Aldus Huxley was an English writer and philosopher. He wrote nearly 50 books—both novels and non-fiction works—as well as wide-ranging essays, narratives, and poems. Born into the prominent Huxley family, he graduated from Balliol College, Oxford, with an undergraduate degree in English literature.
These are among his most-widely quoted observations.
o Experience is not what happens to you; it’s what you do with what happens to you.
o There is only one corner of the universe you can be certain of improving, and that’s your own self.
o That men do not learn very much from the lessons of history is the most important of all the lessons of history.
o Facts do not cease to exist because they are ignored.
o To travel is to discover that everyone is wrong about other countries.
o You shall know the truth, and the truth shall make you mad.
o Beauty is worse than wine, it intoxicates both the holder and beholder.
o Experience teaches only the teachable.
o Most ignorance is vincible ignorance. We don’t know because we don’t want to know.
o It is a bit embarrassing to have been concerned with the human problem all one’s life and find at the end that one has no more to offer by way of advice than ‘try to be a little kinder.’
o The propagandist’s purpose is to make one set of people forget that certain other sets of people are human.
o The most valuable of all education is the ability to make yourself do the thing you have to do, when it has to be done, whether you like it or not. Aldous Huxley A child-like man is not a man whose development has been arrested; on the contrary, he is a man who has given himself a chance of continuing to develop long after most adults have muffled themselves in the cocoon of middle-aged habit and convention.
o Perhaps it’s good for one to suffer. Can an artist do anything if he’s happy? Would he ever want to do anything? What is art, after all, but a protest against the horrible inclemency of life?
o The most shocking fact about war is that its victims and its instruments are individual human beings, and that these individual beings are condemned by the monstrous conventions of politics to murder or be murdered in quarrels not their own. Aldous Huxley One of the great attractions of patriotism – it fulfills our worst wishes. In the person of our nation we are able, vicariously, to bully and cheat. Bully and cheat, what’s more, with a feeling that we are profoundly virtuous.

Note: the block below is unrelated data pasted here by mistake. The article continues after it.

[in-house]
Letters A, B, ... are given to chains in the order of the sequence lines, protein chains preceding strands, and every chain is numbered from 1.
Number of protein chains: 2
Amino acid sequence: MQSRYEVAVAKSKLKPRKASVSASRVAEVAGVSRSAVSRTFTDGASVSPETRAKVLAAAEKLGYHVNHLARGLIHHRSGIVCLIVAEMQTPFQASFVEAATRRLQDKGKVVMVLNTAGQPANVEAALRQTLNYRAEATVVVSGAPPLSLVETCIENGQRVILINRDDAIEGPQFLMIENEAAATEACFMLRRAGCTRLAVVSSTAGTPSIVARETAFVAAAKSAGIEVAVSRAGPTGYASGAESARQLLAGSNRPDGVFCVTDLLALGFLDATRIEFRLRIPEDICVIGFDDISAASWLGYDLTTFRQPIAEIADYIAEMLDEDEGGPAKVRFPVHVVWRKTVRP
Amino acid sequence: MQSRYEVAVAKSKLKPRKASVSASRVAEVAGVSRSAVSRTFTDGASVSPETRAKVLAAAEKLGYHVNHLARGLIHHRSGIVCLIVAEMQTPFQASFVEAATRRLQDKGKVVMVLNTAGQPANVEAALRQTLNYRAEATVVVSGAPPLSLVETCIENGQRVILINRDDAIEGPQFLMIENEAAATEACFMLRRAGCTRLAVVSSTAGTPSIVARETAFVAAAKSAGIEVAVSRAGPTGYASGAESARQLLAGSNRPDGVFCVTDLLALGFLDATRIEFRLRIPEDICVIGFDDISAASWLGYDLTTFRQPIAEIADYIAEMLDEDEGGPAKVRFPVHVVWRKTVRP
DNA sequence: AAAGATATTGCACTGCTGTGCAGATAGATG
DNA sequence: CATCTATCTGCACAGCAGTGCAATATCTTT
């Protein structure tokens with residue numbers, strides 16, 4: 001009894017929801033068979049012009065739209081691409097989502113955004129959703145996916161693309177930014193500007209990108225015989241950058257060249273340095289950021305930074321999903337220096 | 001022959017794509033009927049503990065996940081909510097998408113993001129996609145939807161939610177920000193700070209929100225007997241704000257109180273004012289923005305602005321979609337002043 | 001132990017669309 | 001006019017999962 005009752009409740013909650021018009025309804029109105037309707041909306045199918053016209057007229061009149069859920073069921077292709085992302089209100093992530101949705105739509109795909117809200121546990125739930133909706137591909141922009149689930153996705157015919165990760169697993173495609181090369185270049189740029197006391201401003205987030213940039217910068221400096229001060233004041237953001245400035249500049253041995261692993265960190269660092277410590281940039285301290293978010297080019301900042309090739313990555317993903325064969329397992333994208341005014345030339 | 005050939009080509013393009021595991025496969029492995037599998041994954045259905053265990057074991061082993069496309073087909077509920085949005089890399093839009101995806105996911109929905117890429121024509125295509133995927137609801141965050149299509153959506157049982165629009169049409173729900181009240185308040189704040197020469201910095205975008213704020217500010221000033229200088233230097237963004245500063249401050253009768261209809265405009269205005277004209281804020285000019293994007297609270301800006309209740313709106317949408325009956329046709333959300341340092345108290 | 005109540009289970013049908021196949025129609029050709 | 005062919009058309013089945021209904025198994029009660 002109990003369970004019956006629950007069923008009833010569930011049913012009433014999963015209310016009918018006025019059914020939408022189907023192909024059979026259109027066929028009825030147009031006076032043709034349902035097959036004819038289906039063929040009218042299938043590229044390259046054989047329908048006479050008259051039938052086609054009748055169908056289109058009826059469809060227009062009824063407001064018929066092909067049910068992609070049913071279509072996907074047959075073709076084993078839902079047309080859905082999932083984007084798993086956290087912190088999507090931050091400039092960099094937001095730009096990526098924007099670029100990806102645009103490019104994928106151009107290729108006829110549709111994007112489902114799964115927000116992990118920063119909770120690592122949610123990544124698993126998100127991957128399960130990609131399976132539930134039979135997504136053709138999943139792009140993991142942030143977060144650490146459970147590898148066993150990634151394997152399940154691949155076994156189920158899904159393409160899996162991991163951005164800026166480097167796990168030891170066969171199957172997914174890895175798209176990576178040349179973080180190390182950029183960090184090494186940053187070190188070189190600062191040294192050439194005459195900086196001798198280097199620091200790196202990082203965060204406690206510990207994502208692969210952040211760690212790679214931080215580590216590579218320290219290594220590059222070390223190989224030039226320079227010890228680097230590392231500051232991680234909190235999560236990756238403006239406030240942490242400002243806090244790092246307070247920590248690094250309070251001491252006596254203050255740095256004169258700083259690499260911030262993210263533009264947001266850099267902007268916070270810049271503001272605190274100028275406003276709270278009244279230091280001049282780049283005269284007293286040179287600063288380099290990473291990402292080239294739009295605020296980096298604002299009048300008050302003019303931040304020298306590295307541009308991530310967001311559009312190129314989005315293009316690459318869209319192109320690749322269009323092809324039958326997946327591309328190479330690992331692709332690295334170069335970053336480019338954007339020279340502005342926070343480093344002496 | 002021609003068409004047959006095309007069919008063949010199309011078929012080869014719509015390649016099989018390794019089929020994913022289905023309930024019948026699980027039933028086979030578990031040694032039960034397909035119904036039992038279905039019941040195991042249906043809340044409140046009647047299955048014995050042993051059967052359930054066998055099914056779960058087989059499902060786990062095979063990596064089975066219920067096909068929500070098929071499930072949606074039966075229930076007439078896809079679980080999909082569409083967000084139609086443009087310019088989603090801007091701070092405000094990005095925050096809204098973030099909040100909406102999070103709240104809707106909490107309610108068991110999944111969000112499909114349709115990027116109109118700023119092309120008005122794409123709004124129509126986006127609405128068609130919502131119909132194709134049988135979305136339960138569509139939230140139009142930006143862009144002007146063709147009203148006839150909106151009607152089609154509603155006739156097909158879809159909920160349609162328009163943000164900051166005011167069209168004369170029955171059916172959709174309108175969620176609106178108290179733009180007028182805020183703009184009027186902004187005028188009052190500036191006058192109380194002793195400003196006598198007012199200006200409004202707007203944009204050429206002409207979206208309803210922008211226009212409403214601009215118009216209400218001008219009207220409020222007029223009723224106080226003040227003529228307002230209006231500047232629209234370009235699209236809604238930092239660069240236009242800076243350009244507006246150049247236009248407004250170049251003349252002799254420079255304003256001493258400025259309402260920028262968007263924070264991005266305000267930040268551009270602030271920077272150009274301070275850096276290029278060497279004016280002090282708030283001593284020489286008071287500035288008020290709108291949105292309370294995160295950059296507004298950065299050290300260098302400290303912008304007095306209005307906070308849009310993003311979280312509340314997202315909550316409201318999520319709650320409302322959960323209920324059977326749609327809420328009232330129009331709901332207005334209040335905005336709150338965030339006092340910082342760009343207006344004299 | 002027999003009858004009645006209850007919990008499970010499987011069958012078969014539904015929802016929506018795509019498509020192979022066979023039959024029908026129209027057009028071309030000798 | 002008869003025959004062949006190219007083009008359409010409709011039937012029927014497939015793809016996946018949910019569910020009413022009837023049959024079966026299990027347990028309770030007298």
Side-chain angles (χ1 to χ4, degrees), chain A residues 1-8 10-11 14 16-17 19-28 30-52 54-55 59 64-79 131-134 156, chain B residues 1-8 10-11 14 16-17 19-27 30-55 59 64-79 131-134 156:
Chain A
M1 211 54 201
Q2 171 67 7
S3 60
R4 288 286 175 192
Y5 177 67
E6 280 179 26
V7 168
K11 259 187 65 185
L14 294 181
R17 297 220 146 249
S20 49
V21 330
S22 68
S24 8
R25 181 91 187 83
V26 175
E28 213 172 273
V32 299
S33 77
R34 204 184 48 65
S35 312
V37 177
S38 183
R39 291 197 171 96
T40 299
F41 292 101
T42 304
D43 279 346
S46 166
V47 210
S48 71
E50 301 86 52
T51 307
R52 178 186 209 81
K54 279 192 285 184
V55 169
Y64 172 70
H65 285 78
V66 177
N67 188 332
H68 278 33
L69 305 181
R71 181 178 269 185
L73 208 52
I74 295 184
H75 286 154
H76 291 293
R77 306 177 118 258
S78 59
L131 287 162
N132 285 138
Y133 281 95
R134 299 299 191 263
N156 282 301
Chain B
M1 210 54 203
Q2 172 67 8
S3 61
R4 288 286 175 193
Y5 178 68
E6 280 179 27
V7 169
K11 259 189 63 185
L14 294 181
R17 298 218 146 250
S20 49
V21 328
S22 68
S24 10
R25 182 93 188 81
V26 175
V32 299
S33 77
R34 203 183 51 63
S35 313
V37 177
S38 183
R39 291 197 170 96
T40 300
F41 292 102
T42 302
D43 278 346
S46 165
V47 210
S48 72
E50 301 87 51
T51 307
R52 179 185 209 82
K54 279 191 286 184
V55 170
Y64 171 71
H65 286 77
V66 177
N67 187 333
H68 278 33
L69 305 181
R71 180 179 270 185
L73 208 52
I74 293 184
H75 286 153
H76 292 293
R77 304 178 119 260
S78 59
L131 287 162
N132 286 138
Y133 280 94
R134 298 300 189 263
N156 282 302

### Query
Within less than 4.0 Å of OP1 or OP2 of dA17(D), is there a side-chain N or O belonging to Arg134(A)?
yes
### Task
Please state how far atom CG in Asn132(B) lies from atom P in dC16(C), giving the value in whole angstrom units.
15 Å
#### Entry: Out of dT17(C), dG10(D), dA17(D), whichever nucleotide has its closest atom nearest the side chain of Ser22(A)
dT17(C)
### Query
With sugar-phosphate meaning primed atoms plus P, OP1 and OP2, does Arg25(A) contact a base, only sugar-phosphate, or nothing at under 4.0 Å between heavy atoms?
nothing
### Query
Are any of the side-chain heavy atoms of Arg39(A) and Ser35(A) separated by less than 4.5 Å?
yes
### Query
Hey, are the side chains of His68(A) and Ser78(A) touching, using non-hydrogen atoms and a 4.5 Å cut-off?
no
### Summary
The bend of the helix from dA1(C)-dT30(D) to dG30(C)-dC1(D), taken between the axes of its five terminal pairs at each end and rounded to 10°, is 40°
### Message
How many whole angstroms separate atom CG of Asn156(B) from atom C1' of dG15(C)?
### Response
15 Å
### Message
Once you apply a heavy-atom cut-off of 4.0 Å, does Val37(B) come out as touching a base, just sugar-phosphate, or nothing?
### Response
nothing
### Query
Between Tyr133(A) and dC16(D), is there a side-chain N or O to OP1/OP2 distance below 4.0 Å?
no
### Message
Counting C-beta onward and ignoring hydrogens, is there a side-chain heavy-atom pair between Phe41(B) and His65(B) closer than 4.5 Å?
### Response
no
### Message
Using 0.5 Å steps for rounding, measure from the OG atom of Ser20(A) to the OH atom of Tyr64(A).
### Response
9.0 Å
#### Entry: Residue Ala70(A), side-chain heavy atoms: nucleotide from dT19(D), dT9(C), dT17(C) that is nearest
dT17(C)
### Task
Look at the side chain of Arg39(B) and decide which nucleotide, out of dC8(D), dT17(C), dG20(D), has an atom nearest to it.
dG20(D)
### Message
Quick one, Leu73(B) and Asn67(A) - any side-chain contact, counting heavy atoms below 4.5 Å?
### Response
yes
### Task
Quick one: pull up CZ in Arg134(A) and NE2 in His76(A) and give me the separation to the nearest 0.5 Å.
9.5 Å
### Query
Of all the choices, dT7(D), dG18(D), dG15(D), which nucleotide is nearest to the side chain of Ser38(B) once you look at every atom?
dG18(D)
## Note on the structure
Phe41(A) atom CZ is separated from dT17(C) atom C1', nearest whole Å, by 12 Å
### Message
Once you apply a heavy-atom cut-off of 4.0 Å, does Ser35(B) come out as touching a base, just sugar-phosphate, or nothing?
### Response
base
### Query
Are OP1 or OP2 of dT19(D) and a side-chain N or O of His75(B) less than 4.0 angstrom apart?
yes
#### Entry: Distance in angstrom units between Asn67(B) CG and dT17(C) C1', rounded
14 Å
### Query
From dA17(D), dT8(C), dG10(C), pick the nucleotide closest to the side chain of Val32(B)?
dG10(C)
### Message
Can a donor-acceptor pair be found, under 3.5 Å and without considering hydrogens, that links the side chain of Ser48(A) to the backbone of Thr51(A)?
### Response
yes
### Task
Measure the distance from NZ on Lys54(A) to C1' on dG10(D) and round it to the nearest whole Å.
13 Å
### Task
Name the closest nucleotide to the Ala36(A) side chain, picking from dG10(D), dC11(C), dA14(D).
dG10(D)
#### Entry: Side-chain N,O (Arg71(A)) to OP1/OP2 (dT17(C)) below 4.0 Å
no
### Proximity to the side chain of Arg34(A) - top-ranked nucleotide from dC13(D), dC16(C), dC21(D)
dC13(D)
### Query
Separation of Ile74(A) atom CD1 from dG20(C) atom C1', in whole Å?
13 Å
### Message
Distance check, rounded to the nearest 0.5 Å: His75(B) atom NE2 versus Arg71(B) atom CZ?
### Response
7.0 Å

o I’m afraid of losing my obscurity. Genuineness only thrives in the dark. Like celery. Aldous Huxley God isn’t compatible with machinery and scientific medicine and universal happiness. You must make your choice. Our civilization has chosen machinery and medicine and happiness.
o There isn’t any formula or method. You learn to love by loving – by paying attention and doing what one thereby discovers has to be done.
o What is absurd and monstrous about war is that men who have no personal quarrel should be trained to murder one another in cold blood.
o People intoxicate themselves with work so they won’t see how they really are.
o A democracy which makes or even effectively prepares for modern, scientific war must necessarily cease to be democratic. No country can be really well prepared for modern war unless it is governed by a tyrant, at the head of a highly trained and perfectly obedient bureaucracy.
o Sons have always a rebellious wish to be disillusioned by that which charmed their fathers.
o My fate cannot be mastered; it can only be collaborated with and thereby, to some extent, directed. Nor am I the captain of my soul; I am only its noisiest passenger.
o It takes two to make a murder. There are born victims, born to have their throats cut, as the cut-throats are born to be hanged.
o Cynical realism is the intelligent man’s best excuse for doing nothing in an intolerable situation. Aldous Huxley Several excuses are always less convincing than one.
o Everyone who wants to do good to the human race always ends in universal bullying.
o Consistency is contrary to nature, contrary to life. The only completely consistent people are dead.
o Science has explained nothing; the more we know the more fantastic the world becomes and the profounder the surrounding darkness.
o The secret of genius is to carry the spirit of the child into old age, which means never losing your enthusiasm.
o There are things known and there are things unknown, and in between are the doors of perception.
o After silence, that which comes nearest to expressing the inexpressible is music.
o Maybe this world is another planet’s hell.
o Technological progress has merely provided us with more efficient means for going backwards.
o The more powerful and original a mind, the more it will incline towards the religion of solitude.
o An intellectual is a person who’s found one thing that’s more interesting than sex.
o Great is truth, but still greater, from a practical point of view, is silence about truth. By simply not mentioning certain subjects… totalitarian propagandists have influenced opinion much more effectively than they could have by the most eloquent denunciations.
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